IDEAS home Printed from https://ideas.repec.org/
MyIDEAS: Login to save this paper or follow this series

The Nature of Precautionary Wealth

  • Christopher D. Carroll
  • Andrew A. Samwick

This paper uses the Panel Study of Income Dynamics to provide some of the first direct evidence that wealth is systematically higher for consumers with greater income uncertainty. However, the apparent pattern of precautionary saving is not consistent with a standard parameterization of the life cycle model in which consumers are patient enough to begin saving for retirement early in life: wealth is estimated to be less sensitive to uncertainty in permanent income than implied by that model. Instead, our results suggest that over most of their working lifetime, consumers behave in accordance with the 'buffer-stock' models of saving described in Carroll (1992) or Deaton (1991), in which consumers hold wealth principally to insulate consumption against near term fluctuations in income.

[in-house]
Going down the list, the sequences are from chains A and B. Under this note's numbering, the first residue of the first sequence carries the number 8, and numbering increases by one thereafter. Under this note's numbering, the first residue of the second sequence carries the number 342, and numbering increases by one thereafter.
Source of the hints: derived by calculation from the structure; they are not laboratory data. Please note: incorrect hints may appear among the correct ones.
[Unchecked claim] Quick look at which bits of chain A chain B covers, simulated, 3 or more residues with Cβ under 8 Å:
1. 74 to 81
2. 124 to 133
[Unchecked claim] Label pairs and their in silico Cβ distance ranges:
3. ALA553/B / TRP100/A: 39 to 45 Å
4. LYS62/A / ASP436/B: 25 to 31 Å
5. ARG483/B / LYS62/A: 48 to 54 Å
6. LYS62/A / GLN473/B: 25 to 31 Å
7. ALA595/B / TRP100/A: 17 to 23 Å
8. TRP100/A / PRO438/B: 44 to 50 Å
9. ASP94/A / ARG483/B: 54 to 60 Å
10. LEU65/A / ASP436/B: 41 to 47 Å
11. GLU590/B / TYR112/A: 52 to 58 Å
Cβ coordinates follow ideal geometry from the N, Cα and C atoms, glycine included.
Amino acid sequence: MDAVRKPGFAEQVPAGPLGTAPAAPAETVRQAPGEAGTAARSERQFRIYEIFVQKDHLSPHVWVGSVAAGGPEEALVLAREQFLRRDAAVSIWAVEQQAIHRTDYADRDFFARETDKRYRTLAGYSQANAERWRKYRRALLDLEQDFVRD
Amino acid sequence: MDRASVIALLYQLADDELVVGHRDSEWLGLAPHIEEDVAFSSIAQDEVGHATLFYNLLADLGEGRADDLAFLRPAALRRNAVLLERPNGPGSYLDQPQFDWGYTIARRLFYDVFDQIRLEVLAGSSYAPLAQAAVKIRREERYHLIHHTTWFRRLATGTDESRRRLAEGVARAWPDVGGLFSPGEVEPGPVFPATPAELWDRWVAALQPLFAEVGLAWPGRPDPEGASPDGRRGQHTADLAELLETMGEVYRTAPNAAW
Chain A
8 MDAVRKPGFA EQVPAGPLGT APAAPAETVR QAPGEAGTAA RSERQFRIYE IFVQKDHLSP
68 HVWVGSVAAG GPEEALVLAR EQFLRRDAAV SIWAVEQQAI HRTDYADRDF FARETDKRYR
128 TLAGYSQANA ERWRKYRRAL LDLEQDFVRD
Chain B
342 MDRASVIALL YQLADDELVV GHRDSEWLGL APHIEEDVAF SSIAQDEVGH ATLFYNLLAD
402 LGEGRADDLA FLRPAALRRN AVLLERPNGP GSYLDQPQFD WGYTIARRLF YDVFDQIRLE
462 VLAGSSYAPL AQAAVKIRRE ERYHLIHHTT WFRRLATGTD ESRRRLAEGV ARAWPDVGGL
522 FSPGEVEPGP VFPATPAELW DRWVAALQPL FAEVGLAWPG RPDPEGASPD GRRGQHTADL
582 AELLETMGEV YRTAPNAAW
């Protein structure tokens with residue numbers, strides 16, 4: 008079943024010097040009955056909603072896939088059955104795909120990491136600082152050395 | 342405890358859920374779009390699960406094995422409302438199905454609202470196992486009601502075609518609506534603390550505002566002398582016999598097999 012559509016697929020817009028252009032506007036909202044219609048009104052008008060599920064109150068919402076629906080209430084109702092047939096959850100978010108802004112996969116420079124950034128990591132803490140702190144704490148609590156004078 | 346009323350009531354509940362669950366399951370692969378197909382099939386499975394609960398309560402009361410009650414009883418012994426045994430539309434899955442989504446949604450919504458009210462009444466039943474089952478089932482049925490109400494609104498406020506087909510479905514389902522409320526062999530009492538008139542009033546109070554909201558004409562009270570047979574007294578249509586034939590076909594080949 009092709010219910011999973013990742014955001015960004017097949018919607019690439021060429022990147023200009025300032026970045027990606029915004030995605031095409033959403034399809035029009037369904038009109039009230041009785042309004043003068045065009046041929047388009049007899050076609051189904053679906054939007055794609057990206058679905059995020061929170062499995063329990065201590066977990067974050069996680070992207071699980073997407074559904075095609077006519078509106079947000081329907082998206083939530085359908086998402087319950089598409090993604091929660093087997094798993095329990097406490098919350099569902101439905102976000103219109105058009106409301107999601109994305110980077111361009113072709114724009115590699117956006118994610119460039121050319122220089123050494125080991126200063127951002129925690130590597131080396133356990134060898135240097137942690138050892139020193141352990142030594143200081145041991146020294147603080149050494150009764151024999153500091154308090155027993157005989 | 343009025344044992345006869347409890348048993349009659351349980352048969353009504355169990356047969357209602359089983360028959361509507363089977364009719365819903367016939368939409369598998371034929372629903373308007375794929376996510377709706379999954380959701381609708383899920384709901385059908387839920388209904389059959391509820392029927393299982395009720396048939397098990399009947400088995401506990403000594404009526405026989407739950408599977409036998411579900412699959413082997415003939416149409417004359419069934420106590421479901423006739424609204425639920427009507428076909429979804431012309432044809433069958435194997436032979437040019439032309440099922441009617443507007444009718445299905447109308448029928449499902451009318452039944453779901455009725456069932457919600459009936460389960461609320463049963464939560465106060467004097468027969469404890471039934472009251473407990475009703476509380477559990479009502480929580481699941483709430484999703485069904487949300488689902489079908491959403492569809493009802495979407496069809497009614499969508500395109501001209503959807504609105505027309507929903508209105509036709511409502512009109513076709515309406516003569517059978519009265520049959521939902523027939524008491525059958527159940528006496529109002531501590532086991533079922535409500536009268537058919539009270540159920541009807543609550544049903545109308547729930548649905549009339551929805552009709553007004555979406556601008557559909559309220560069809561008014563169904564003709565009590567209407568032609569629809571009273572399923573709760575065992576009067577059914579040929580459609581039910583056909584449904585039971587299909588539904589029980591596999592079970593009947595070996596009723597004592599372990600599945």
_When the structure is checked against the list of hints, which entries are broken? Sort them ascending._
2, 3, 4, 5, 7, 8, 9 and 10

If you experience problems downloading a file, check if you have the proper application to view it first. In case of further problems read the IDEAS help page. Note that these files are not on the IDEAS site. Please be patient as the files may be large.

File URL: http://www.nber.org/papers/w5193.pdf
Download Restriction: no

Paper provided by National Bureau of Economic Research, Inc in its series NBER Working Papers with number 5193.

as
in new window

Length:
Date of creation: Jul 1995
Date of revision:
Publication status: published as Journal of Monetary Economics, Vol. 40, no. 1 (September 1997): 41-72.
Handle: RePEc:nbr:nberwo:5193
Note: AG EFG PE
Contact details of provider: Postal: National Bureau of Economic Research, 1050 Massachusetts Avenue Cambridge, MA 02138, U.S.A.